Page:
The road to becoming a criminal attorney begins after high school, because a four-year college degree is a prerequisite for admission to law school. Contrary to popular belief, it is not necessary to study political science or criminal justice in college in order to get into law school. Post graduate institutions value intellectual diversity, so applicants with engineering degrees or other specialized academic backgrounds sometimes have an advantage over more "typical" student profiles.
Since applicants' undergraduate performance is part of the admissions equation, college students should concentrate on an area that genuinely interests them, because they are more likely to achieve high GPA's that way, as well.(1)
During the third year of college, aspiring law students take the Law School
Achievement Test (LSAT), a standardized test designed to measure a student's aptitude and chances of successfully completing the Juris Doctor program. The LSAT is more ability-oriented than the SAT, and less concerned with substantive knowledge. Nevertheless, there is a degree of specificity and preferred analyses patterns from exam to exam that makes enrollment in an LSAT preparatory course worthwhile, to achieve the highest possible score on the exam.(2)
The Juris Doctor degree is usually a three-year fulltime academic program.
First-year law students all share the same curriculum: Contracts, Torts, Constitutional
Law, Property, Civil Procedure, Legal Method and Legal Writing. The degree of difficulty and academic stress experienced by first-year law students ranges very widely, and is somewhat predictable by relative LSAT scores. The other source of stress for first-year law students is a function of the Socratic System usually employed by professors of first-year classes.(3)
The traditional Socratic method consists of the professor's assigning a lengthy reading assignment from casebooks to be completed for the first class. During his first lecture, the professor passes out a seating chart and once it is filled in, he consults it and selects a student to explain the facts of one of the assigned cases. If the student answers correctly, the professor continues with questions about the issues and the holding or decision of the case. Finally, the professor poses hypothetical factual situations and asks for an analysis according to the legal reasoning in the assigned case. If the student provides an incorrect answer along the way, the professor generally selects another student. Sometimes the professor returns to continue with the first student, other times he focuses on the next until his first incorrect response when he shifts to someone else.(4)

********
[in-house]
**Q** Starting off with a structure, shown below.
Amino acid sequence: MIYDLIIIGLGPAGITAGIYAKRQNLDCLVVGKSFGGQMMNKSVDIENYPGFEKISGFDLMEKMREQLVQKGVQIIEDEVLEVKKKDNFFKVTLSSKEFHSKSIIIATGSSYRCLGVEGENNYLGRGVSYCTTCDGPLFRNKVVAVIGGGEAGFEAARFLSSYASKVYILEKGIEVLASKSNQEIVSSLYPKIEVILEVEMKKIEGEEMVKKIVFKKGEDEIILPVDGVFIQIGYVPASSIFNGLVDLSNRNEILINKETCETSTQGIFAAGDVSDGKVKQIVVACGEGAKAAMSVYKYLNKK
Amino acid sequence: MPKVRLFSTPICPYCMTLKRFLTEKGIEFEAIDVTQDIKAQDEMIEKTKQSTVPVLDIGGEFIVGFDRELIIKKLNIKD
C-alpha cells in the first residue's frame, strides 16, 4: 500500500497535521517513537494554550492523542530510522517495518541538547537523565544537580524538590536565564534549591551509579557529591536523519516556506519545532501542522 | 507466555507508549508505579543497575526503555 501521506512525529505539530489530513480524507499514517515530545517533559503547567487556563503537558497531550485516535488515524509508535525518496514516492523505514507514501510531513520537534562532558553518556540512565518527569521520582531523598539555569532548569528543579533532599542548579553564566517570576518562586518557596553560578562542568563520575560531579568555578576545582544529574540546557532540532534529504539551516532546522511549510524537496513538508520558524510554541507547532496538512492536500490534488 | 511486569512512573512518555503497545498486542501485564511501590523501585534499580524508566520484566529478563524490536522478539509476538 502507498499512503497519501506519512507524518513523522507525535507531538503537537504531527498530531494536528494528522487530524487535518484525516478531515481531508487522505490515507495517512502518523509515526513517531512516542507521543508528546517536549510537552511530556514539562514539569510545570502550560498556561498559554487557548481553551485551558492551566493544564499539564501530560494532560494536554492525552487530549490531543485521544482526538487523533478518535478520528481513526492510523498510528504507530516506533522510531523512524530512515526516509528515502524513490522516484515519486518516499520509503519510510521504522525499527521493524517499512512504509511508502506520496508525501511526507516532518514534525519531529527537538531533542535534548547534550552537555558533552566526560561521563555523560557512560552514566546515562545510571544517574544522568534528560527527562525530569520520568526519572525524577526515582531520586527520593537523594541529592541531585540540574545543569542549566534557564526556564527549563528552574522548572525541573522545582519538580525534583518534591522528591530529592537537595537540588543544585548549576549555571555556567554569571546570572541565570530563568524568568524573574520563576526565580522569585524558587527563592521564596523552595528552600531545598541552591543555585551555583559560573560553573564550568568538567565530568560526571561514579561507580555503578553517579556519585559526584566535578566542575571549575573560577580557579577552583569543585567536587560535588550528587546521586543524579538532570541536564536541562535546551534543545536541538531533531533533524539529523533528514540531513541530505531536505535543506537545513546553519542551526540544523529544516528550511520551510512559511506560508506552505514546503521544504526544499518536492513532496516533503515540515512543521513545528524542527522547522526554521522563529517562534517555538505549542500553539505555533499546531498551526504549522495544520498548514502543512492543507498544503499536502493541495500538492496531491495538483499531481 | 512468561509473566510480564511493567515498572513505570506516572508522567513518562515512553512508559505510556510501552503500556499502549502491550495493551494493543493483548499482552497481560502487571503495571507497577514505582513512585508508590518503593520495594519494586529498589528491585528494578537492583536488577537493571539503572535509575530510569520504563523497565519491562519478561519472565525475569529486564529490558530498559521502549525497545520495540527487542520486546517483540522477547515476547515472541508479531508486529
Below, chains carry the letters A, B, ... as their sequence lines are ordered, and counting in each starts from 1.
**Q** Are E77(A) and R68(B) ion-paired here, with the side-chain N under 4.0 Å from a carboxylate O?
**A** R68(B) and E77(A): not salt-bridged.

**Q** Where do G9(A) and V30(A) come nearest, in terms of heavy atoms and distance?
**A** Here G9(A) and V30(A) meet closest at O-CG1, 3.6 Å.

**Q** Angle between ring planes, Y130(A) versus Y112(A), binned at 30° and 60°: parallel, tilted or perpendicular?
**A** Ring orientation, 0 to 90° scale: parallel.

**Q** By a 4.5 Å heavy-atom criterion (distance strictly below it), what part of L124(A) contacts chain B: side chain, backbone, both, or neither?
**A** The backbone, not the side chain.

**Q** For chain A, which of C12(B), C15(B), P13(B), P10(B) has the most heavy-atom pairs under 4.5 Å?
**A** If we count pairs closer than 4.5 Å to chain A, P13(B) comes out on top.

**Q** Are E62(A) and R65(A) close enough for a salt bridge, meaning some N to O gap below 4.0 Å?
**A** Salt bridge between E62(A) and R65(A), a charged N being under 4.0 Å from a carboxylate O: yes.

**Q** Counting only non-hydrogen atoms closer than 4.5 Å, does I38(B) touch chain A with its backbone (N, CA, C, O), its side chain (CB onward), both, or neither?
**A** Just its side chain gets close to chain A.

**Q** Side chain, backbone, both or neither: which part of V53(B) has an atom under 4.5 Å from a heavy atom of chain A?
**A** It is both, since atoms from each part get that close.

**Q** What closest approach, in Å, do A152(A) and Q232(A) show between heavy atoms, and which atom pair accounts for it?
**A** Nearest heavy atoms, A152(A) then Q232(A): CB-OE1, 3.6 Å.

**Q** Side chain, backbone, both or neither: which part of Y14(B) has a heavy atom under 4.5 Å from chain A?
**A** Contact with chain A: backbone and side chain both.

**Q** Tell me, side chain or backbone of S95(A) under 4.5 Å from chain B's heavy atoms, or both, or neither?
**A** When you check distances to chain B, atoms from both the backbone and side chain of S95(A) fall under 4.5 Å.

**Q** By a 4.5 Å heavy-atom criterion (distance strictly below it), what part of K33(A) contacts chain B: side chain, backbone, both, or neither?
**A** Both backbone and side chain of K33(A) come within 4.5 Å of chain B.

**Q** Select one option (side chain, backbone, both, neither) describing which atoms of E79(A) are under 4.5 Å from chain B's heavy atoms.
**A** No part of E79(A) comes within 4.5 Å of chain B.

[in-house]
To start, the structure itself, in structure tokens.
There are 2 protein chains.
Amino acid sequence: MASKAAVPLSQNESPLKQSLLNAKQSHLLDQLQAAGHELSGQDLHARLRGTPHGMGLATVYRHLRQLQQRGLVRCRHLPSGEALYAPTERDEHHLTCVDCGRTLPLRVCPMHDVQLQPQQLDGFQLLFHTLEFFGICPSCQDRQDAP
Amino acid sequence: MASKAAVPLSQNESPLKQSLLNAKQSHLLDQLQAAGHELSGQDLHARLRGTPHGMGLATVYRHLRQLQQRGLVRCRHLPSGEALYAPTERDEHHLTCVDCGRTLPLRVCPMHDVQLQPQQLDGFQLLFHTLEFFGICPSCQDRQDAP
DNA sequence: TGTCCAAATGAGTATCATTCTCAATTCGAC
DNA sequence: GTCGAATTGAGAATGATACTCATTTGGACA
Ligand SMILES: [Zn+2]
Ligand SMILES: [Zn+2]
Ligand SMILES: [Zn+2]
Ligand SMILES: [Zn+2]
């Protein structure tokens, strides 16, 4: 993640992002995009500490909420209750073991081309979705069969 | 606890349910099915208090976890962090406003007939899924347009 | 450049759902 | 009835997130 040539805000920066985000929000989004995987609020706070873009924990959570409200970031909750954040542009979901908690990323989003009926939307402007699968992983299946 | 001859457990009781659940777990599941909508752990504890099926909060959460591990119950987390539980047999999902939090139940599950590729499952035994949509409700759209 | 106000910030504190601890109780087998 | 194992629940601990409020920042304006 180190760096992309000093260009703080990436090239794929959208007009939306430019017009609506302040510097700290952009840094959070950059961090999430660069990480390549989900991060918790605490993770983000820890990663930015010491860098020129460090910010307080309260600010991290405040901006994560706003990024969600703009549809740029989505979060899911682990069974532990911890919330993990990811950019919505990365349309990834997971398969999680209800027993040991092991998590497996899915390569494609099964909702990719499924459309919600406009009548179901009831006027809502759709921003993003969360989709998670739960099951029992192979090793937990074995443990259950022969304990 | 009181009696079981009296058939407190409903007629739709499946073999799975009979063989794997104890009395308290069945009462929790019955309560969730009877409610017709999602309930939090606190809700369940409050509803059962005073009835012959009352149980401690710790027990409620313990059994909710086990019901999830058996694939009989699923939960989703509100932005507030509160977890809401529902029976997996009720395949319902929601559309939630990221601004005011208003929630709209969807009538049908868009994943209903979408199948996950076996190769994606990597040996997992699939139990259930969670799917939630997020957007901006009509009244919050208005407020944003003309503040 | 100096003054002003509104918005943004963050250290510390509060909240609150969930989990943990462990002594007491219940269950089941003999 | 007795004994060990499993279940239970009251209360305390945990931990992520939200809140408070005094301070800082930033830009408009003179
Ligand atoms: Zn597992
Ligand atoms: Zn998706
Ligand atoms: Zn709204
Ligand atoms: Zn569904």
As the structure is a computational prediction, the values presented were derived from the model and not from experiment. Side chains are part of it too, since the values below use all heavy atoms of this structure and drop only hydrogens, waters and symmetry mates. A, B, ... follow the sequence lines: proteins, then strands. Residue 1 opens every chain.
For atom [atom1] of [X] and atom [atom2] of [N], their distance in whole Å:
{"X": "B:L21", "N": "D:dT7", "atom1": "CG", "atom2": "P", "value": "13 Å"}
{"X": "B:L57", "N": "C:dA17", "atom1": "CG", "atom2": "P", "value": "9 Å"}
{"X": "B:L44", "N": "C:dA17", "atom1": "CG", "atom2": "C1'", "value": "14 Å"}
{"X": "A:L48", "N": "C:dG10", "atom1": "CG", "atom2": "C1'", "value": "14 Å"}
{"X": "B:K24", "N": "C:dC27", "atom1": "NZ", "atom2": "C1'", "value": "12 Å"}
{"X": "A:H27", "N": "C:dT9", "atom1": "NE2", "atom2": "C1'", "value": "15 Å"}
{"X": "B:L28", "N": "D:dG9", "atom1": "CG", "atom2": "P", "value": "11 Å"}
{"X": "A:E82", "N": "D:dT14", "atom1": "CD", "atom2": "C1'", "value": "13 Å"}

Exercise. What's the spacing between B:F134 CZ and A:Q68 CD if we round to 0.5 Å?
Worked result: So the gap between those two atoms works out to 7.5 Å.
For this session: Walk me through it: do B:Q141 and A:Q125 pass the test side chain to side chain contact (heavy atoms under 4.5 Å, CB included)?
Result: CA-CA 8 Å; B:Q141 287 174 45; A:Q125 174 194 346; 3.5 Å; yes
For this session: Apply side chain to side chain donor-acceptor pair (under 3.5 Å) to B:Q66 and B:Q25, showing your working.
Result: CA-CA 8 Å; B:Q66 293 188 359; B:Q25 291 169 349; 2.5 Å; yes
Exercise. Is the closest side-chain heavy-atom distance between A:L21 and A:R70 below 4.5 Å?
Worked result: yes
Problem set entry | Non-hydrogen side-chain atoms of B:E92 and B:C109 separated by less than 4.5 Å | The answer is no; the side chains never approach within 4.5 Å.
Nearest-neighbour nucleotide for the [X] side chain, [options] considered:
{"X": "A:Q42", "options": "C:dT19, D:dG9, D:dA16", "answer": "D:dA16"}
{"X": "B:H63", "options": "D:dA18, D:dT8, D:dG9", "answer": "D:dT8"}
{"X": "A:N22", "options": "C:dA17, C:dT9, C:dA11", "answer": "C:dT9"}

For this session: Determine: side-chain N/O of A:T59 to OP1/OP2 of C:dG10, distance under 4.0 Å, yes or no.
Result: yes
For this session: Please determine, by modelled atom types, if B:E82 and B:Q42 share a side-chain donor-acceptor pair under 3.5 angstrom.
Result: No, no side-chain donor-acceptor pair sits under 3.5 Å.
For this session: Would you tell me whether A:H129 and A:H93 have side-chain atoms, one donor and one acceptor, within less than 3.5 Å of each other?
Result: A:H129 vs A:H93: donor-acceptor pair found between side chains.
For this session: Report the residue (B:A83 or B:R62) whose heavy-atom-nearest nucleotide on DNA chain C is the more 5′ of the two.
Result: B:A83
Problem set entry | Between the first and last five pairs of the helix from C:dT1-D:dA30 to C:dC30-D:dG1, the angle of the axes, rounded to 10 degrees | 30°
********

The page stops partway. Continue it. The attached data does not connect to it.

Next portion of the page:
Part of the mandatory law school curriculum includes a legal writing course and participation in a moot court case, both of which are designed to expose students to some of the skills required of practicing attorneys in drafting memoranda and researching issues for litigation briefs. Unless one participates in subsequent moot court competitions or specifically makes an effort to take additional courses on trial advocacy, this is just about all the practical experience law students receive from their formal training.(5)
Law school grades are exclusively functions of a single exam given at the end of each course. Except for the Legal Writing course, there are rarely any writing requirements or any other assignments besides the daily assigned readings in preparation for lectures. The exams themselves are known as "issue spotters," requiring the ability to read a hypothetical fact pattern followed by brief instructions to "analyze all issues presented" or to provide a "memorandum of law" identifying the issues presented by the fact pattern. In answering the questions on a law school final exam, the student is expected to ignore any issues outside the subject matter dealt with in the course and analyze only the relevant issues. This means one always ignores any contractual issues and criminal issues in an Evidence final exam, and so forth. The exams are usually graded completely anonymously, where students use an assigned ID number rather than their names on exam booklets. Exams are usually closed book, but there are occasional exceptions.(6)